According to Lennon, if private possessions such as goods, property or money didn’t exist then all things could be shared without fighting to possess them. There would be no greed for objects and all people could have access to basic and primary necessities. There would be no hunger or starvation as they exist today. Without no possessions, there would be no monopoly on certain goods, there wouldn’t be a gap between the rich and the poor and no conflicts would arise.

Once more, at the end of the song, Lennon reiterated his message to emphasize what he wanted, which was to communicate to the listener’s minds and heart. Moreover Lennon wanted to make sure that his message was understood by the listeners, which was to focus on Peace and Anti-War Protests,nothing else and nothing more.

“You, you may say I’m a dreamer

But I’m not the only one

I hope someday you will join us

And the world will live as one”

In 1965, John Lennon was made a member of the Most Honorable Order of the British Empire. His protest of Britain’s involvement in the Vietnam war and the support they provided to the United State’s involvement in the war resulted in him rejecting this honor. As seen in his explanation to the Queen was as follows :

“Your Majesty,

I am returning my MBE as a protest against Britain’s involvement in the Nigeria-Biafra thing, against our support of America in Vietnam and against ‘Cold Turkey’ slipping down the charts.

With love. John Lennon of Bag”

Lennon believed that it is the differences of beliefs, religions, countries and nationalities that are the root causes of the wars all around the world. For example, the Vietnam war as mentioned in the quote above and in Imagine with the lyrics “Imagine there’s no countries, It isn’t hard to do Nothing to /Kill or die for, And no religion too” as the conflicts result in death and killing for their countries and their beliefs, fighting for their religion.

After their marriage on March 20, 1969, John Lennon and Yoko Ono decided to publicly promote world peace through the publicity that would arise from the wedding. The Bed-Ins For Peace was the newly married couple spending their honeymoon in bed, wearing pajamas, with signs above their bed that read ‘Hair Peace’ and ‘Bed Peace’. This act reflects their dedication and how the song Imagine came to be through their work as peace and anti-war activists and called to attention peace and unity.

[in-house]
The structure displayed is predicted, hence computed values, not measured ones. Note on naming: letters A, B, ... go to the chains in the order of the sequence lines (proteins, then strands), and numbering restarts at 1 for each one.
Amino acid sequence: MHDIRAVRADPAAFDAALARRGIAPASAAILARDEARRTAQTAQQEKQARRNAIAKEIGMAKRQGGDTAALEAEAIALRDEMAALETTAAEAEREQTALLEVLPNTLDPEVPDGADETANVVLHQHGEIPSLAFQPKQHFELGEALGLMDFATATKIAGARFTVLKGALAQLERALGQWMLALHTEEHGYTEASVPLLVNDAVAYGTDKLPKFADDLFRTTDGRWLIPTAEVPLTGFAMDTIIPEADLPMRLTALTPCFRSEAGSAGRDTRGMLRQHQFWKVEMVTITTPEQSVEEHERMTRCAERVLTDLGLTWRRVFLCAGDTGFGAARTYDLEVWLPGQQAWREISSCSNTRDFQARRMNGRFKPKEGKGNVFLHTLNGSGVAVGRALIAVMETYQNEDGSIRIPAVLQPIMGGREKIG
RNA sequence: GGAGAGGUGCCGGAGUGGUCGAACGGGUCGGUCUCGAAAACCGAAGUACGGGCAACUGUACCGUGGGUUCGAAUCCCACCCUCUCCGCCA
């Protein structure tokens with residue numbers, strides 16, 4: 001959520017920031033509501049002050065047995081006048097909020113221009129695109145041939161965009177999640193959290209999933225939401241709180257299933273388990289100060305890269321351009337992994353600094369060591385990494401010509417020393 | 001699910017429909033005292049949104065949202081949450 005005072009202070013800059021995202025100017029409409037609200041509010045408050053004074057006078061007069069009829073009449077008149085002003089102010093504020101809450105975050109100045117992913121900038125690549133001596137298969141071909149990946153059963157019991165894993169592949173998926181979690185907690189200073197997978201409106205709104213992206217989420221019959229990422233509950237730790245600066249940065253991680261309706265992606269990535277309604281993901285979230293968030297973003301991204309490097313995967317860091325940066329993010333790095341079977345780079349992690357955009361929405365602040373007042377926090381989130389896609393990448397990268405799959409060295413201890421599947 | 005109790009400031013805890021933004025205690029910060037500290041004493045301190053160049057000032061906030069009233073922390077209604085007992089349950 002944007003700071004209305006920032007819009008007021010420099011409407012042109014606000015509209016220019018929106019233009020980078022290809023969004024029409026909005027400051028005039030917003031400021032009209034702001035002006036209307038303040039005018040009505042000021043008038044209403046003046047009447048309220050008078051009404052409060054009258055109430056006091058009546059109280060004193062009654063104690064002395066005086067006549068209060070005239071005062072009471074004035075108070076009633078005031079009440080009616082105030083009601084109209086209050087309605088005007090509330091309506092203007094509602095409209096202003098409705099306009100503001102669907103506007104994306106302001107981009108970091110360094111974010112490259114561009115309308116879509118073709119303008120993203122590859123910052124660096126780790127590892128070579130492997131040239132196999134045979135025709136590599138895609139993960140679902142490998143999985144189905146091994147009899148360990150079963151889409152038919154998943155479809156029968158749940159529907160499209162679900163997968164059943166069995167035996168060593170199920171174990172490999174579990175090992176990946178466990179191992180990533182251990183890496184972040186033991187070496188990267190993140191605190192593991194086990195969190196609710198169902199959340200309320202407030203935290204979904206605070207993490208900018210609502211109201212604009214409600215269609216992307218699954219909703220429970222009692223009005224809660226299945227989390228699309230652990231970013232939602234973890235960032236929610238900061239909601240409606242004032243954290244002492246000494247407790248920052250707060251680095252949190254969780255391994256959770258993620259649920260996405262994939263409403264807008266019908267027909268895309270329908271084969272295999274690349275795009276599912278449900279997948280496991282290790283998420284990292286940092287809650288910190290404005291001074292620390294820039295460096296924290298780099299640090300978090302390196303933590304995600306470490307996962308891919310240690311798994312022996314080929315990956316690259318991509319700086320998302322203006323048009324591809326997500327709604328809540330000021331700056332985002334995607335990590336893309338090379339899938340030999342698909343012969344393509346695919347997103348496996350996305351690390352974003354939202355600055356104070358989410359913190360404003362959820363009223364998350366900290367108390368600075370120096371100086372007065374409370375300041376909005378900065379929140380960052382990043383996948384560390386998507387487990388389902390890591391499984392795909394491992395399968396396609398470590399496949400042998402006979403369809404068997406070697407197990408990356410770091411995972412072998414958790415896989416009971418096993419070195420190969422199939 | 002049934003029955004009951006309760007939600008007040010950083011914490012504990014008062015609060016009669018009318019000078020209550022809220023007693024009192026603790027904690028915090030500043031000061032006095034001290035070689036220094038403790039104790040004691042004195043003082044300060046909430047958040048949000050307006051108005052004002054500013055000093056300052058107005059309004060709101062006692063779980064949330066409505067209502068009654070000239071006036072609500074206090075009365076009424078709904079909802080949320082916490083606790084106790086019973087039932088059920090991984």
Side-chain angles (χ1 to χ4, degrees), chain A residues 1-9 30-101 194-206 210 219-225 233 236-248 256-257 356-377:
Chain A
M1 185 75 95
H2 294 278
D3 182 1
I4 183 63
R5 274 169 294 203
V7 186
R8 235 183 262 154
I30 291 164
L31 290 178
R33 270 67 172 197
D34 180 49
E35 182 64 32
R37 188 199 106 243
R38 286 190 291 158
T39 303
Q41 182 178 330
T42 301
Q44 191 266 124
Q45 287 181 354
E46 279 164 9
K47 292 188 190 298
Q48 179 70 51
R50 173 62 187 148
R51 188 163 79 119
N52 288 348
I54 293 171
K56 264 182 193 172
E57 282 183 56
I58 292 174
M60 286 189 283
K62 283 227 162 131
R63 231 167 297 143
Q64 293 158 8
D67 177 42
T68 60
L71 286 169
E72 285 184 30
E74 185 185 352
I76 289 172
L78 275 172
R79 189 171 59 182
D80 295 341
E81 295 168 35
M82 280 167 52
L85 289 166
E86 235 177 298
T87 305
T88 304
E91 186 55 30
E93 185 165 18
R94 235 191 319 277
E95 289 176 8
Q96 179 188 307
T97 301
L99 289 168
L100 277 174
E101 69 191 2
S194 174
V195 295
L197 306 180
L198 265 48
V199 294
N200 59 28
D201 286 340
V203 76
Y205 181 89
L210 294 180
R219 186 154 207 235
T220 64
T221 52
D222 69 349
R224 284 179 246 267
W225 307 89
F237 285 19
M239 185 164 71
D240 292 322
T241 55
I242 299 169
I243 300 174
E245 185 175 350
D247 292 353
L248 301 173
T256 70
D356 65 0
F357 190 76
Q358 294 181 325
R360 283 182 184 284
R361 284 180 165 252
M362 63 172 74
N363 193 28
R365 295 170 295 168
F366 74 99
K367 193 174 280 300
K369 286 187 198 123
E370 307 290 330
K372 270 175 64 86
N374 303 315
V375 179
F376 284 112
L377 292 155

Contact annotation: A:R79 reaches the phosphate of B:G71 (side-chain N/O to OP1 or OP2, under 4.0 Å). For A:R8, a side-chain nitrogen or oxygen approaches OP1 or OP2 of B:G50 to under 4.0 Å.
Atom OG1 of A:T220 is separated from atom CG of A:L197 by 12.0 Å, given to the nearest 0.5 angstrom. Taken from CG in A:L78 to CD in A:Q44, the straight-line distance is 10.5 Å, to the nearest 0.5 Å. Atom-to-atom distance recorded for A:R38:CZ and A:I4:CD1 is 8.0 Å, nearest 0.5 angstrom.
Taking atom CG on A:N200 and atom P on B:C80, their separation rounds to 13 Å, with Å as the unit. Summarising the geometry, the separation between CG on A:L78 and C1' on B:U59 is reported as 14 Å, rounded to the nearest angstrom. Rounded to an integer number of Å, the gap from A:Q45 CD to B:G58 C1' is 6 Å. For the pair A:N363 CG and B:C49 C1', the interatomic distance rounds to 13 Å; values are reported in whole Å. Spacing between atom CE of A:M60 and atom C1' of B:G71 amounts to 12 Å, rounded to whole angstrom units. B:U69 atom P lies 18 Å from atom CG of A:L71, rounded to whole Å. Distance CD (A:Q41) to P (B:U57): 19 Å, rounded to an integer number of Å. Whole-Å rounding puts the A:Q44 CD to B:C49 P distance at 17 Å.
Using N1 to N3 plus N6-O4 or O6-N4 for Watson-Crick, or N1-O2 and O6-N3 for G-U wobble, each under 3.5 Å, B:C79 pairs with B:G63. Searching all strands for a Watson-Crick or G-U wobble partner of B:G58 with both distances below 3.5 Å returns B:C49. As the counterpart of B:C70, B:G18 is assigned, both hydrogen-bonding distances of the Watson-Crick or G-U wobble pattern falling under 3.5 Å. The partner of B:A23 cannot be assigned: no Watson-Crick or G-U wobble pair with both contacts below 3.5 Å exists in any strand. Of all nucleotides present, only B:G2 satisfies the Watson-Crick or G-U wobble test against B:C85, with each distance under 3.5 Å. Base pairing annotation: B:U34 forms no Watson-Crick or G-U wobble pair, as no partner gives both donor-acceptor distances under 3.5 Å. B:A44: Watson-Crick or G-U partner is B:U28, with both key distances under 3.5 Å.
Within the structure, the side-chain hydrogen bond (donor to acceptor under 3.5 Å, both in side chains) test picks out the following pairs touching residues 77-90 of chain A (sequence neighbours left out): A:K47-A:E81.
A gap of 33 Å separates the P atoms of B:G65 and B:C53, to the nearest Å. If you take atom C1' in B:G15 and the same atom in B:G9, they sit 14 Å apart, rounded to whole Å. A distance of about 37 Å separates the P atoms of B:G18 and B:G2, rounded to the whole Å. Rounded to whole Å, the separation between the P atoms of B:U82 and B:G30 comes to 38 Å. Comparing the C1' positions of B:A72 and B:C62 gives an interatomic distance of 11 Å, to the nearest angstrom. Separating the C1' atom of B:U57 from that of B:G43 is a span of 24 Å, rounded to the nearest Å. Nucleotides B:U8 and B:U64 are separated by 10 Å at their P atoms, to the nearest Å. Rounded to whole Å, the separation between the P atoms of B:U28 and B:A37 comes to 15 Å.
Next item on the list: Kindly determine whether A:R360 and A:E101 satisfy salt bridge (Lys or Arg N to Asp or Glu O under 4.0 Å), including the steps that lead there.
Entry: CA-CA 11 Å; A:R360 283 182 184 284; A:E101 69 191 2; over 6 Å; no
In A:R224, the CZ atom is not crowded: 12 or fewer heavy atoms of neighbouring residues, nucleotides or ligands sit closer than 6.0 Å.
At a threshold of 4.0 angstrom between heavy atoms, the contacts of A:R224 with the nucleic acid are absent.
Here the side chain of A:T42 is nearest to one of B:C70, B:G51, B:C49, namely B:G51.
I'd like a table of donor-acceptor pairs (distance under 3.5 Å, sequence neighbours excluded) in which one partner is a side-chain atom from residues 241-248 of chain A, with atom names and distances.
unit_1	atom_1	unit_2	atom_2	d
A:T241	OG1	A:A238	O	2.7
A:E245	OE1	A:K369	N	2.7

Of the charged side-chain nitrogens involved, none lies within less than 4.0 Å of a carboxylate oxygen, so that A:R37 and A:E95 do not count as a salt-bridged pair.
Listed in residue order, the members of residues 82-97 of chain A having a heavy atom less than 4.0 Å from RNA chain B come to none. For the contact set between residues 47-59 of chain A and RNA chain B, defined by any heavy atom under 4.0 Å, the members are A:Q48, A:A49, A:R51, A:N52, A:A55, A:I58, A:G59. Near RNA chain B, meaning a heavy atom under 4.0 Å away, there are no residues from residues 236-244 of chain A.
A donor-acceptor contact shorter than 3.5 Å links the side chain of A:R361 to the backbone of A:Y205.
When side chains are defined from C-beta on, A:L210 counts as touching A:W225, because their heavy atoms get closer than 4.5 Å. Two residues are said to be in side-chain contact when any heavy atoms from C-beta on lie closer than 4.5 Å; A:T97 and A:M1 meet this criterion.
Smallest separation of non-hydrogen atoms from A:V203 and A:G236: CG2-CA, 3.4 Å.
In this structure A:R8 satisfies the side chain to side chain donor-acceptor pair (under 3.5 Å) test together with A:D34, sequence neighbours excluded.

At the time of its release, Lennon said that the world is too focused on trivialities and that “the thing we should be talking about is the violence that goes on in this society. Imagine reached the No.1 of the UK charts following Lennon’s murder in December 1980 and reentered the charts in 2012 when Emeli Sandé recorded a cover of the song for the 2012 London Olympics. Still to date, it is played every year at the New Year’s ceremony that takes place in Time Square, New York.

Imagine may be considered a peaceful song, but when you take the orchestration away, the underlying concept remains radical and anti-establishment – or, as Lennon put it, “It’s ‘Working Class Hero’ with sugar on it.” Yoko’s assertion that, “All these instructions are for people on how to spend eternity, because we have lots of time,” has, however, proved prescient. Even decades after its release, the song Imagine remains a popular music masterpiece that is a model of simplicity that inspires people all around the world of all races and religions giving them hope for a better world that thrives on peace and the unity of all beings.

When released, the song sparked some controversy with its lyrics and ideas. Accepted almost all over the world, critics said that it was as if it asks us to embrace anarchy and “communism”. Lyrics such as ‘Imagine there’s no heaven…. Imagine there’s no countries…. Imagine no possessions…. And no religion, too.’ were deemed anti-American, anti-British, anti-establishment despite its message of a peaceful world where all are accepted. Feelings of peace are entangled with lyrics suggesting we abolish some of the things people treasure.

Even listeners who claimed to accept the message struggle with its meaning. Lennon was asked by the World Church if they could use Imagine but change the lyrics to ‘one religion’ instead of “no religion.” Lennon said no, explaining that it would defeat the whole purpose of the song. Since his death, Ono has been approached many times by groups whose intention were similar to the World Church’s, and she consistently refuses. All the world’s activists are imagining one religion, but that’s the opposite of what he was singing about.

Additional lyrics in the song sparked controversy, such as the following “Imagine no possessions” sung by a man who owned a custom painted Rolls Royce even though he did not drive it often.

Conclusion

Imagine has been on the most important and popular song used to communicate and send the message of a peaceful world to people and an anti-war protest between humans since 1975 to date. It has been covered by many famous artists such as Stevie Wonder, Madonna, Elton John, Diana Ross and many more. The song is so well written and conveys a beautiful message of peace for all and one world for all without discrimination. It is considered revolutionary and has no less relevance today than it did the year it was written.